About the author:
Harsh Agarwal is a young writing enthusiast who made his debut in the publishing industry at the age of nineteen. His stories are usually out-of-the-box. He is also a book reviewer. The owner of a literary organization called Asylum dedicated to aspiring authors, he is also the project head for “Time’s Lost Atlas”, an anthology of short stories and chairperson of Project Hummingbird, a charitable organization.
Thoughts on the cover page:
Calm and soothing design that makes us think of a sunset or sunrise, a very zen design. The silhouette of the boy with a backpack is also well done, and after you read the story, it would seem justified.
Impressions from the blurb:
A tale with usual events that are turned unusual in some way, that’s what I felt reading the blurb before I started reading the novel. The setting of North East India was also appealing in its difference, for you don’t usually see novels in that setting.
My thoughts on the book:
I don’t quite know if this is a literary fiction per-se but it does have qualities of one. There is depth to this story, bringing out the emotions where we might usually choose not to. It’s a tale that is narrated in simple and lucid language, yet has the power to hold the reader in its various layers. The topics touched upon were partly a part of my college life too, but something that we kept to ourselves and moved on with it. What is there in the story isn’t unrealistic for sure.
Sonam Dorji, a Bhutanese student sponsored by the Royal Family comes to Silchar to do his engineering. There, he settles in slowly, not losing himself or his philosophies and ideas on life and the ethics that are engrained in him since the beginning. His pleasing disposition gets him many friends. He’s a Buddhist, and he respects his religion, and his loyalty to that makes him more loved.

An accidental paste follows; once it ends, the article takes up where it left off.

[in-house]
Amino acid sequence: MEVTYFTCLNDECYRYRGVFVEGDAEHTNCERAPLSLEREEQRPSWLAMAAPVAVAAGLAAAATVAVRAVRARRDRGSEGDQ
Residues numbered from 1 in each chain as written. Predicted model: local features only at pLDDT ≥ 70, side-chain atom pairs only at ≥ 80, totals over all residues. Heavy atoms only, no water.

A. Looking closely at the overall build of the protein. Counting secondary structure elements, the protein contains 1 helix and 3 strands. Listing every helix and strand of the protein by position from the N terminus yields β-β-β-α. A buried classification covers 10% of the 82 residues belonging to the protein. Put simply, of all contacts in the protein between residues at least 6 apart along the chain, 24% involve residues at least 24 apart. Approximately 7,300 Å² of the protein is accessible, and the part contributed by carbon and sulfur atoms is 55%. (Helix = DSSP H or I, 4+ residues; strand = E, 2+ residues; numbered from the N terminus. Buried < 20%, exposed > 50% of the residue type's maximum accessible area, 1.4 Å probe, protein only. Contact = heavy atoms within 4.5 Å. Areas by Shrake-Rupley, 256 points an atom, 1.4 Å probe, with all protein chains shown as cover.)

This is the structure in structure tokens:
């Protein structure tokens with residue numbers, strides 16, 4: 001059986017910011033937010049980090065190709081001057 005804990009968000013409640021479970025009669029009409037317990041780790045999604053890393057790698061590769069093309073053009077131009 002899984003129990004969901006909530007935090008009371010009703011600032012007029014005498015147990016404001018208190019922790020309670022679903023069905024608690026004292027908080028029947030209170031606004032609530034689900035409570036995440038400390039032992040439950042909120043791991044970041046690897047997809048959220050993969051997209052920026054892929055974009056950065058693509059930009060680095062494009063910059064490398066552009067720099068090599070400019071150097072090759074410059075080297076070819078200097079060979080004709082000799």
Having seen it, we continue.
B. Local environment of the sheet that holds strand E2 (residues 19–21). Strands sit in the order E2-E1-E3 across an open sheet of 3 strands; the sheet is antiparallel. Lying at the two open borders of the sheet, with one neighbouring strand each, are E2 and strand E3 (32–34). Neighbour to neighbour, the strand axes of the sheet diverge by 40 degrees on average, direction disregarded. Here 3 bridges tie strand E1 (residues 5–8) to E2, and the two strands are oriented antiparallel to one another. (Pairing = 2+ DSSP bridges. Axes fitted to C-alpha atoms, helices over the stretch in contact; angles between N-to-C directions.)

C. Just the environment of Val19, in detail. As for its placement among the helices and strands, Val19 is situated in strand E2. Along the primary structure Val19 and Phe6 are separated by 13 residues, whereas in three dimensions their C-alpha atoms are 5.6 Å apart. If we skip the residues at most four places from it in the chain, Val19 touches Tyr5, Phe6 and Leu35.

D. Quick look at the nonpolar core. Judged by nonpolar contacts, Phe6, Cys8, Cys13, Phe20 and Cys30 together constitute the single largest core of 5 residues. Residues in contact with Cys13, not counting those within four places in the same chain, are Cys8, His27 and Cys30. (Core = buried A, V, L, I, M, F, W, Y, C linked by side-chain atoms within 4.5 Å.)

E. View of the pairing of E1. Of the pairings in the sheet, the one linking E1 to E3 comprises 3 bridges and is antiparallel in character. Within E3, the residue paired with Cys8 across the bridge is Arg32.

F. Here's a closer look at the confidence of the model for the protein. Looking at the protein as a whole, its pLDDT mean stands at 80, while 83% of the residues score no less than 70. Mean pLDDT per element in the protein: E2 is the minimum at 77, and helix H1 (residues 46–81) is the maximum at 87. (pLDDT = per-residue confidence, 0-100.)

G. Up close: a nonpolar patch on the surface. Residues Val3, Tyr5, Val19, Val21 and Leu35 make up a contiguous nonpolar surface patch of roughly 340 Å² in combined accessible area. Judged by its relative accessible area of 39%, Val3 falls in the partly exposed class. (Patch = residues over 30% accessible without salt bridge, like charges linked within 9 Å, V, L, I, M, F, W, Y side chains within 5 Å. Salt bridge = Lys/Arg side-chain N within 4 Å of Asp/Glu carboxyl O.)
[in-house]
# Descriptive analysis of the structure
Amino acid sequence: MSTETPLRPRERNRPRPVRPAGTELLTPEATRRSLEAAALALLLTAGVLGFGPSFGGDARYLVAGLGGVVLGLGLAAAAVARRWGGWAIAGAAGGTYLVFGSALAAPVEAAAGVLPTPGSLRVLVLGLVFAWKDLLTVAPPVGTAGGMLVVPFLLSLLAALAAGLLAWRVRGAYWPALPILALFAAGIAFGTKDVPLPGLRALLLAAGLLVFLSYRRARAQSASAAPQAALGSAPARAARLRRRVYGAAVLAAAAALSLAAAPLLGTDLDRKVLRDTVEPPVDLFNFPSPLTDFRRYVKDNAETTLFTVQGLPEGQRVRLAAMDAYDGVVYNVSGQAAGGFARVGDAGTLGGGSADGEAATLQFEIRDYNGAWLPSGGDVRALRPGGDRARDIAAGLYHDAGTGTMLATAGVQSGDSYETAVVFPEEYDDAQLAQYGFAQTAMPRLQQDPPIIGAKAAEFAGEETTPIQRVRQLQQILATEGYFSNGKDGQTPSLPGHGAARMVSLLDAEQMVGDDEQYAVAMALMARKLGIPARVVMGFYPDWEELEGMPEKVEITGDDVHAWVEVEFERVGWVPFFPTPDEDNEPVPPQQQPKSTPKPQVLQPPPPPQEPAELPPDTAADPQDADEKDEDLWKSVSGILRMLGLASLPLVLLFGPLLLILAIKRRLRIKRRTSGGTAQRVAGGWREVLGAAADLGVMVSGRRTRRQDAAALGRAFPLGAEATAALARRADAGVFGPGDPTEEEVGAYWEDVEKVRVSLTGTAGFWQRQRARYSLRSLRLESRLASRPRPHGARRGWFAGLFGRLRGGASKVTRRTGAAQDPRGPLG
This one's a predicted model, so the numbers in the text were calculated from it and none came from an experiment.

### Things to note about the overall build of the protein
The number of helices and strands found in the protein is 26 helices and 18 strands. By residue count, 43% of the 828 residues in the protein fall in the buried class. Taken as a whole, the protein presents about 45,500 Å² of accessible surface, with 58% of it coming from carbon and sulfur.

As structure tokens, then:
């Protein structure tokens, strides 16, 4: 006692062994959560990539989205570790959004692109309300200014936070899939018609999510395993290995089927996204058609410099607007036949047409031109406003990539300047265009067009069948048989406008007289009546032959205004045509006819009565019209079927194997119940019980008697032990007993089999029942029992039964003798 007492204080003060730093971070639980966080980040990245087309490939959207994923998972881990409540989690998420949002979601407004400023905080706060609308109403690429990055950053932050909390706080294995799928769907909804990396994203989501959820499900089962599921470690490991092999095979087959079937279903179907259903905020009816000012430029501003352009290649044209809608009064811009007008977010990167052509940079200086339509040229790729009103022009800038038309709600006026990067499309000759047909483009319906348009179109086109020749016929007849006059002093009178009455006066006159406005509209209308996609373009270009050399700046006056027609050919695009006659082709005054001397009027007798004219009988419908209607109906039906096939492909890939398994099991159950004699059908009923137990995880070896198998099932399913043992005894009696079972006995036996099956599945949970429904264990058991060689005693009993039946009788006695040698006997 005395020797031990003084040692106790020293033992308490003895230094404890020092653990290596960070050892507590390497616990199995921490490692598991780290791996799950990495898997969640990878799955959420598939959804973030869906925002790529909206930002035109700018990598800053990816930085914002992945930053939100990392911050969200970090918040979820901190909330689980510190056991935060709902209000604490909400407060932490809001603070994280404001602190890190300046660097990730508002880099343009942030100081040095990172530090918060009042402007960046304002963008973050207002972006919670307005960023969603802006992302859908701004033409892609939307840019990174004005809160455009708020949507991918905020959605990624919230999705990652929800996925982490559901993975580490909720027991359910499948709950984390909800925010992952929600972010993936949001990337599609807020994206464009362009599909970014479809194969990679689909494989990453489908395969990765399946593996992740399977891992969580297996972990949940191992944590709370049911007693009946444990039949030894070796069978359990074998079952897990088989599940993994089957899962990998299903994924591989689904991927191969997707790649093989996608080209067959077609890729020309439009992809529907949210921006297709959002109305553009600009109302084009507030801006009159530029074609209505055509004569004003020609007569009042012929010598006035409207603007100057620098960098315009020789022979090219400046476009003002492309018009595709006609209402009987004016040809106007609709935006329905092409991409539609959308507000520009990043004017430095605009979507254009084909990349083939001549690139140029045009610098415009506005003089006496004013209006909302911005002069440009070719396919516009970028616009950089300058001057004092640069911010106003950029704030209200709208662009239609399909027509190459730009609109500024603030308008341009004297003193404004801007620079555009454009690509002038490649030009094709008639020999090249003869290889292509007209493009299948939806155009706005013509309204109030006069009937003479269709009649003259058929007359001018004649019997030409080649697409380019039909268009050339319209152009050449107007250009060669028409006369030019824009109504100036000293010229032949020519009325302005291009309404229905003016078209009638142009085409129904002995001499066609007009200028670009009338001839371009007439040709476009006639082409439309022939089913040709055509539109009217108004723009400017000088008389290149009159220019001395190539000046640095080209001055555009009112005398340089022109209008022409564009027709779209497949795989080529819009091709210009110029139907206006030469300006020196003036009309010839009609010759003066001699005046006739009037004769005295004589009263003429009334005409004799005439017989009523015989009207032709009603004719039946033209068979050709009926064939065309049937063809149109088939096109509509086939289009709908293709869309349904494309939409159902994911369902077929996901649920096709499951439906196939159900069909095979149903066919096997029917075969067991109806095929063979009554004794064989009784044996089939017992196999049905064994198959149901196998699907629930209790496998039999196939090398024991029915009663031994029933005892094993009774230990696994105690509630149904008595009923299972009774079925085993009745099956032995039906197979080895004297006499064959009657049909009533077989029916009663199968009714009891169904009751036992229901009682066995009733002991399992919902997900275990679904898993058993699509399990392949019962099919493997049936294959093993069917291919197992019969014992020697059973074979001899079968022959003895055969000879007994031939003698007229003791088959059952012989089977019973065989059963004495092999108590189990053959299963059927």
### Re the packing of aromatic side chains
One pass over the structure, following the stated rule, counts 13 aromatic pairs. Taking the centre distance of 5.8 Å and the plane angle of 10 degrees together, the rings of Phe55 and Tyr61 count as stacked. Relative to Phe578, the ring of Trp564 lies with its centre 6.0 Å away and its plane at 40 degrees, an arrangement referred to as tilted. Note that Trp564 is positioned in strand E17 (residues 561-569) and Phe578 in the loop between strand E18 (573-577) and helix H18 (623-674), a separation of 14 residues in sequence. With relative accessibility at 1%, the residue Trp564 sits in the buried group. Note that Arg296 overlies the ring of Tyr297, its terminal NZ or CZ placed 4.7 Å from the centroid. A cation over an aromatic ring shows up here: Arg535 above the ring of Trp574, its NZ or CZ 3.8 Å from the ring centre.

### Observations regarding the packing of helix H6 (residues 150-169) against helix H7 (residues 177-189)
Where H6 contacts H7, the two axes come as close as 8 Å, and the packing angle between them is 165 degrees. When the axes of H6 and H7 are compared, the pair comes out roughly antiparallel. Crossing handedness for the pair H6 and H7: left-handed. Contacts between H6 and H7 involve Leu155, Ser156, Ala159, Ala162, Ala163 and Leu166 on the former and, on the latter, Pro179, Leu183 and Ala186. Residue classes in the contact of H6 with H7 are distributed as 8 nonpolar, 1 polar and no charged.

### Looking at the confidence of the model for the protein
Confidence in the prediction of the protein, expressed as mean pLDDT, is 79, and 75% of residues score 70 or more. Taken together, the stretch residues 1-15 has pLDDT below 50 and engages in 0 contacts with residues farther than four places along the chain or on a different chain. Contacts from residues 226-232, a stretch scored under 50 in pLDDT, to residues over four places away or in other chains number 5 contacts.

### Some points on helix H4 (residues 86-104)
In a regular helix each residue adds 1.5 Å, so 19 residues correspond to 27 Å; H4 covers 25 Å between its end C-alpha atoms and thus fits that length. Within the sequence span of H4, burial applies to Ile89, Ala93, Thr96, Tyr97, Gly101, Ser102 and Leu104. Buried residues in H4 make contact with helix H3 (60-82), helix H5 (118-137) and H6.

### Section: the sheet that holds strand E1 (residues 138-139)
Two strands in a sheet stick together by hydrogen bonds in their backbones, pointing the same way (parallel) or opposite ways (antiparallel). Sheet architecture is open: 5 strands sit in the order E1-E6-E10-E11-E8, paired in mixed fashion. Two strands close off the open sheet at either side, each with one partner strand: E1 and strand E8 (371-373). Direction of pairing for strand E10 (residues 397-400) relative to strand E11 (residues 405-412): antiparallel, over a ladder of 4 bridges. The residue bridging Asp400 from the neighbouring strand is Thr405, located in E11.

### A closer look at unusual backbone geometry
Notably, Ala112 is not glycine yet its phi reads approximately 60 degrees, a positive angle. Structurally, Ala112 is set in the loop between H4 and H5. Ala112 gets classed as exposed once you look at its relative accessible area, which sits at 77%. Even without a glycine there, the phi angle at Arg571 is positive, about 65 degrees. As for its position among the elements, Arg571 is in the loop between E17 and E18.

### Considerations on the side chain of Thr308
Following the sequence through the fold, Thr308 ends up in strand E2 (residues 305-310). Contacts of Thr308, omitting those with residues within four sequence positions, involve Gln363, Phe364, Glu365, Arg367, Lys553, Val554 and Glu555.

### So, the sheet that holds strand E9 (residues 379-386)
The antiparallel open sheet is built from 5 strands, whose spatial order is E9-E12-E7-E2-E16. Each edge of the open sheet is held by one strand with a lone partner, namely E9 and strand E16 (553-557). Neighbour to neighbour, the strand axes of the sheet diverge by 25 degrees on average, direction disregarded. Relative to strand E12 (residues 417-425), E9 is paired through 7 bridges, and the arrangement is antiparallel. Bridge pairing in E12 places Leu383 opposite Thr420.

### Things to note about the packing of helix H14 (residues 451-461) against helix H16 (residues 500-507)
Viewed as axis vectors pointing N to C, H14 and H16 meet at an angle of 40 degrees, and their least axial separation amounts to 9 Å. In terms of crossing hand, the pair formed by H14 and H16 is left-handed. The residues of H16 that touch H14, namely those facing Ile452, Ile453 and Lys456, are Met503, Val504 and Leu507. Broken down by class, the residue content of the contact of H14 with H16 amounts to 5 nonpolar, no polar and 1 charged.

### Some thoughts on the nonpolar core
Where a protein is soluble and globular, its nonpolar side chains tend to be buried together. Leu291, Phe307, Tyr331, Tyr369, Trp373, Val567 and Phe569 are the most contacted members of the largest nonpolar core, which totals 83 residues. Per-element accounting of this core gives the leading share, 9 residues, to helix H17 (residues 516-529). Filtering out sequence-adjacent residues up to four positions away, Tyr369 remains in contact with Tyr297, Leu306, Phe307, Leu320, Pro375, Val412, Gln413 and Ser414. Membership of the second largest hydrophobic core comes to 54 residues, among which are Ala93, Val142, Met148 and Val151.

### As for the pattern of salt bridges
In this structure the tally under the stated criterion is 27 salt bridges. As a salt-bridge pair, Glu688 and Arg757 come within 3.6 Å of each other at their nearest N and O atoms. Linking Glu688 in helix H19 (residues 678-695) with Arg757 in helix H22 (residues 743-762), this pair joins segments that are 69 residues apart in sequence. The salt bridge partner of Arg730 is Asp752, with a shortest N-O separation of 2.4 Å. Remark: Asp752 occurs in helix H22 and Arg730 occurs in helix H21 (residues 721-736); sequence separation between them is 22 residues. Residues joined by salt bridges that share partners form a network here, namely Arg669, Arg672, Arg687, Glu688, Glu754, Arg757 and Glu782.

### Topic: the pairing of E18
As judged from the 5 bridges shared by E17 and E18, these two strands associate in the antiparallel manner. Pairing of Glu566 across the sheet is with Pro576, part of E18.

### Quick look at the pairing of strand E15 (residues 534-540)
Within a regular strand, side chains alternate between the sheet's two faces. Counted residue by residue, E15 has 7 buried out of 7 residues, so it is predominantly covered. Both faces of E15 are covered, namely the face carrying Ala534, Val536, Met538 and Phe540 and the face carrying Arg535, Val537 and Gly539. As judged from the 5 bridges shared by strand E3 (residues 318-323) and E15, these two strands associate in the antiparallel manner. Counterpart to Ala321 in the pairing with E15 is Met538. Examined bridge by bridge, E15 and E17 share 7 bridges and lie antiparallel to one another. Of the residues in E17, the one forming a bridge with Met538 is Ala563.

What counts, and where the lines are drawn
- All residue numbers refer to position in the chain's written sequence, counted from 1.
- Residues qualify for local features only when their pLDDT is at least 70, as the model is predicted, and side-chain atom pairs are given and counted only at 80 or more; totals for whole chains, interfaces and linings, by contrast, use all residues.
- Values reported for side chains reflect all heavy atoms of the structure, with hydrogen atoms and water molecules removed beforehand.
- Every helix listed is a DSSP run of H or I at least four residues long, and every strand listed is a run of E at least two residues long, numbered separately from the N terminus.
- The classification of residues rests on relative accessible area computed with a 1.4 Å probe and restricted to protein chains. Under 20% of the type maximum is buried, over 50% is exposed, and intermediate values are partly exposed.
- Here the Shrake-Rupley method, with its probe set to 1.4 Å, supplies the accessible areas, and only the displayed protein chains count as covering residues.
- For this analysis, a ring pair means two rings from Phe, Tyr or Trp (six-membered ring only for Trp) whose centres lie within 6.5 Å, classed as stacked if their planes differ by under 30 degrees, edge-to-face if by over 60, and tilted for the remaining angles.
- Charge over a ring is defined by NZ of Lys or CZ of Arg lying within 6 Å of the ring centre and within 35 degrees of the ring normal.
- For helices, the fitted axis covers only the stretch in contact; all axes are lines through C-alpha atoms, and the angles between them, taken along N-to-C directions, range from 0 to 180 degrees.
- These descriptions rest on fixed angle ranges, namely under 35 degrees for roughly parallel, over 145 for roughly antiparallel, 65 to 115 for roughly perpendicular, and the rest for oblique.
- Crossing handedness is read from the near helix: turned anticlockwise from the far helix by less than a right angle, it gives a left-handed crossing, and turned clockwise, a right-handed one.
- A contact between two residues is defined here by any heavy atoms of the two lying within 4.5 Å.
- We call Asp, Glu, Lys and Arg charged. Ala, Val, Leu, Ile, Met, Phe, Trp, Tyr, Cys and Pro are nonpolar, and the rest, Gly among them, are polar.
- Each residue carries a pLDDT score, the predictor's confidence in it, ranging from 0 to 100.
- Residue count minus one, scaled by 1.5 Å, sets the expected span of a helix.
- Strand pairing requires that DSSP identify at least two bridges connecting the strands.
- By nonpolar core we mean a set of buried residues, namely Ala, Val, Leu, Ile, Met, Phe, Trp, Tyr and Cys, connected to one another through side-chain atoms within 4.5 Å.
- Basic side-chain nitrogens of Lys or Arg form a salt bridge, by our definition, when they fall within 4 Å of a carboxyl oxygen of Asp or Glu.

As time wears on, he begins to see that all is not what it is shown to be to the outside world. Facilities are exaggerated, teachers just start giving problems without telling how to solve them, and the students are left to work out what to do for themselves. He finds that his straightforward attitude to life is not only liked, but also taken advantage of. He finds himself falling in love, but still chooses to remain true to his girlfriend back in Bhutan, till she breaks it off. He tries to voice against the administration when seniors begin to rag the students, chooses to question the characters of those seniors standing in the election etc.
You could say he’s sort of the voice of the common man, one that speaks up without hesitation; and his friends and classmates are somewhat like RK Laxman’s “Common Man”, who keep quiet though they know and understand that something wrong is happening. Agarwal’s writing holds the reader in rapt attention as events proceed in the plot. Though sometimes we do feel that the pace went off, and the specification of place before an event just by stating it feels somewhat off. Perhaps, if he had done it through a character’s dialogue instead, it’d have been more involving. Like for e.g. instead of Student’s Mess, L’arc-en-ciel at the start of a paragraph, if Sonam or another character told, “We were sitting at a table in the Mess of L’arc-en-ciel”. Sonam and Sarika’s love story goes smoothly and at times too direct, but for a fresher love story, that directness sometimes works. Through this novel, Agarwal explores many facets of India like discrimination, politics and the mingling of many cultures. For the last part especially, a college backdrop felt very right.
Lovely flow, and characters that are well thought of. I very much enjoyed this read. The cost is quite agreeable as well.
Title: An Excursion of Insight
Author: Harsh Agarwal
Publishers: LiFi Publications
Genre: Literary Fiction
Price: INR. 190
(May 4th, 2013)